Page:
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More jobs are not good enough – sustainable development also requires the creation of better jobs, i.e. those that can provide a “decent” pay and a minimum level of social protection. On 7 May 2008, experts met in Rabat (Morocco) to discuss ways in which to achieve this important policy objective. The event, which was organised by the OECD Development Centre in collaboration with the World Bank, was an occasion for policy makers from five different countries (India, Mexico, Morocco, South Africa and Indonesia) to present their experiences in creating more and better jobs.
The meeting featured presentations by Ahmed Benrida (Director of Employment in the Ministry of Labor, Morocco), Isher Judge Ahluwalia (Chairperson of the Board of Governors of the Indian Council for Research on International Economic Relations), Gustavo Merino (Vice-Minister of Social and Human Development, Mexico), Martha Chen (Professor, Harvard University), Myra Maria Hanartani (Director General of Industrial Relations and Workers' Social Security, Indonesia), and Alan Hirsch (Deputy Head of the Policy Coordination and Advisory Services, Presidency, South Africa).
H. Reisen (centre) & R. Holzmann (right)
Participants highlighted the importance of economic growth, but also agreed that growth alone is not sufficient. Many trade-offs exist in the quest for more and better jobs, notably the clash between quantity versus quality in job creation; the need for higher skills versus inequality; and the time inconsistency problem for policy making.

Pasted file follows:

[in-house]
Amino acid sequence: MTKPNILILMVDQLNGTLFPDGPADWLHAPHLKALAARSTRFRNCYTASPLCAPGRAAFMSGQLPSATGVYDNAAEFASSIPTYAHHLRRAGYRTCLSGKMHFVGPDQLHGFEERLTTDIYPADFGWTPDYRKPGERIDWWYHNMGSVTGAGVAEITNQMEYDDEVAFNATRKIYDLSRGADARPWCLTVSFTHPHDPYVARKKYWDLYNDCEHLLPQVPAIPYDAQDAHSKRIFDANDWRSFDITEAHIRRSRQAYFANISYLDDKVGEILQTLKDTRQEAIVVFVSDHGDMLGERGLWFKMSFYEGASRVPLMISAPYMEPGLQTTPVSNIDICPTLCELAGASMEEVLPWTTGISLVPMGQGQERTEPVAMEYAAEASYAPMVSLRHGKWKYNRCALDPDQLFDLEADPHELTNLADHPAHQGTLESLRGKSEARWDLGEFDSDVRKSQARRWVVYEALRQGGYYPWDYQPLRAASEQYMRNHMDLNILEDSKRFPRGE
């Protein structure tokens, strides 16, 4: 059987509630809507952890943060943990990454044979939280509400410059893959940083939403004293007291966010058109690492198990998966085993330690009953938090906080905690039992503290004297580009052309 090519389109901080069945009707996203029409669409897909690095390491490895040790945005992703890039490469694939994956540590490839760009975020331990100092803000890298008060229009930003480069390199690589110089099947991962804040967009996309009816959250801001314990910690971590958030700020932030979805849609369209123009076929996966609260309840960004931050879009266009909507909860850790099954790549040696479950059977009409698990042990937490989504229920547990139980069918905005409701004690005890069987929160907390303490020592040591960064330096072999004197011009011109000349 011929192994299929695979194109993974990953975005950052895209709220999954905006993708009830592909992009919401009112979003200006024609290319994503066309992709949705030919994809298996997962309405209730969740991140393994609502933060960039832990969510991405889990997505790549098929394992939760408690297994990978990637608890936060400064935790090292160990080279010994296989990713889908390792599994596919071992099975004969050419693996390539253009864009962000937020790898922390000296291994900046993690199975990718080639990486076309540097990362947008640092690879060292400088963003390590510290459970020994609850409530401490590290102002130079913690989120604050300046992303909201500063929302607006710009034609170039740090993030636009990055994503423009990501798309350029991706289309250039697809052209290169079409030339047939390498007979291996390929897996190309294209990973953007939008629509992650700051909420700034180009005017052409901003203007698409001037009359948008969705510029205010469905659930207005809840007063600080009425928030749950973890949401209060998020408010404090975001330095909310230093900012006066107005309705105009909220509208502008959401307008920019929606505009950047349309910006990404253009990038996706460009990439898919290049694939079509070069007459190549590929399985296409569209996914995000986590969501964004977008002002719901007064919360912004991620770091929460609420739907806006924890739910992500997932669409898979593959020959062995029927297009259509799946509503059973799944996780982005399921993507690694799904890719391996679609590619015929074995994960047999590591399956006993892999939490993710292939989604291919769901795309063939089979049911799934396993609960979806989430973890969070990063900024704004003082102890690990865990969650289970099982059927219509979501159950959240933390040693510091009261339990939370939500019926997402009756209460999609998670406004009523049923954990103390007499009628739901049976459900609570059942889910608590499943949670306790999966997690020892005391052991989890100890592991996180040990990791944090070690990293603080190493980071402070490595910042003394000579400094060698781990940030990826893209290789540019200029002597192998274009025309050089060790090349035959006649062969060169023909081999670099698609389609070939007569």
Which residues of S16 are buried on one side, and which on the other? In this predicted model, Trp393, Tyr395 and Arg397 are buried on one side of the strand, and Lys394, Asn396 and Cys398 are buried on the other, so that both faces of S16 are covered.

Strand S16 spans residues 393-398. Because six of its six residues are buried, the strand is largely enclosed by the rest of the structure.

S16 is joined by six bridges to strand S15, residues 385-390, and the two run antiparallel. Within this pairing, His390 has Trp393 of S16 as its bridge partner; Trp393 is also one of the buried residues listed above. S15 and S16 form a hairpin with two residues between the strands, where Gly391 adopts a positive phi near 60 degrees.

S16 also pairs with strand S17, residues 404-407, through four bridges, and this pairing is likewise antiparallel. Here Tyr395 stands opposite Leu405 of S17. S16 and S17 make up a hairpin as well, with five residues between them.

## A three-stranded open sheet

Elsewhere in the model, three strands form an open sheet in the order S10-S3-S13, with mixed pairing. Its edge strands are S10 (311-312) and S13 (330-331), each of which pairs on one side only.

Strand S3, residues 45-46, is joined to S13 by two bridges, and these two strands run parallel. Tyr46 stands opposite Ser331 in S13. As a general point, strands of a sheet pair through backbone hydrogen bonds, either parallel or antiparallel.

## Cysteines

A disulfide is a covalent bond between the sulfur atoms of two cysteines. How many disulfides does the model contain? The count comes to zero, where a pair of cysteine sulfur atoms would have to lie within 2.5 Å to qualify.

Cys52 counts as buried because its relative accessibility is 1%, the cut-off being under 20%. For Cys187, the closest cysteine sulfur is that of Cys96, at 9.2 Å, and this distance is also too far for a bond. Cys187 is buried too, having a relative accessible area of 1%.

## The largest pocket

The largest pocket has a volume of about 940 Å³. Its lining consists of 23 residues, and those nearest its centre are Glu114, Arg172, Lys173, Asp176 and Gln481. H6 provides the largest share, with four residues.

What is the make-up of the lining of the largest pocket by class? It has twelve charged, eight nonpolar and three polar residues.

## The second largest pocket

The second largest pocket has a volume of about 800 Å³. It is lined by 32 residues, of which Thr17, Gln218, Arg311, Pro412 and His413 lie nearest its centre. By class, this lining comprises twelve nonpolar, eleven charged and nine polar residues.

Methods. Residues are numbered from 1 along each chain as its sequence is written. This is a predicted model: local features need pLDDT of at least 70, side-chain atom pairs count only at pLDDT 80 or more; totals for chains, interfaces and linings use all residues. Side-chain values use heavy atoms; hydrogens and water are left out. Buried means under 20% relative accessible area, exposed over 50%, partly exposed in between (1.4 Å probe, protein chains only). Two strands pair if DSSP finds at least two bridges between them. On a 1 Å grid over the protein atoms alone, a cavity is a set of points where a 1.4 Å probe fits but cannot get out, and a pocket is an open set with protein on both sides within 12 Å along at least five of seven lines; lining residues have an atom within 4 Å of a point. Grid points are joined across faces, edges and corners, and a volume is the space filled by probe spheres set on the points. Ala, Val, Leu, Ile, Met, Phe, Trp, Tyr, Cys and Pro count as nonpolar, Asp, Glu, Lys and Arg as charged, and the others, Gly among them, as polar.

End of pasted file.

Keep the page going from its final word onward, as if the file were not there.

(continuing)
Demographic factors were another focus of lively discussions. Again, countries differ significantly in this respect. While high youth unemployment is seen as a major problem in many countries of the Middle East and North Africa (MENA) region, India considers the high percentage of young people as a “demographic dividend”.
J. Jütting (centre) & I.J. Ahluwalia (right)
The extension of social protection and - more generally - the recognition of the economic importance of the informal (mostly unprotected) sector was seen as an important prerequisite for poverty alleviation and the political feasibility of reform. Although no consensus emerged on the importance of labour policies relative to other related reforms, participants agreed that evaluations and innovations in the area of labour market policies are key to improve the performance of labour markets.
Please click here to download the agenda of the meeting. Find presentations available for download in the list below:
For more information, please contact Estelle Loiseau (email@example.com; +33 1 4524 9559).
Flagship 2008: Work and Well-being
Policy Insights 56: Informal Employment: Can We Tame the Beast?
DEV Working Papers 266: Informal Employment Re-loaded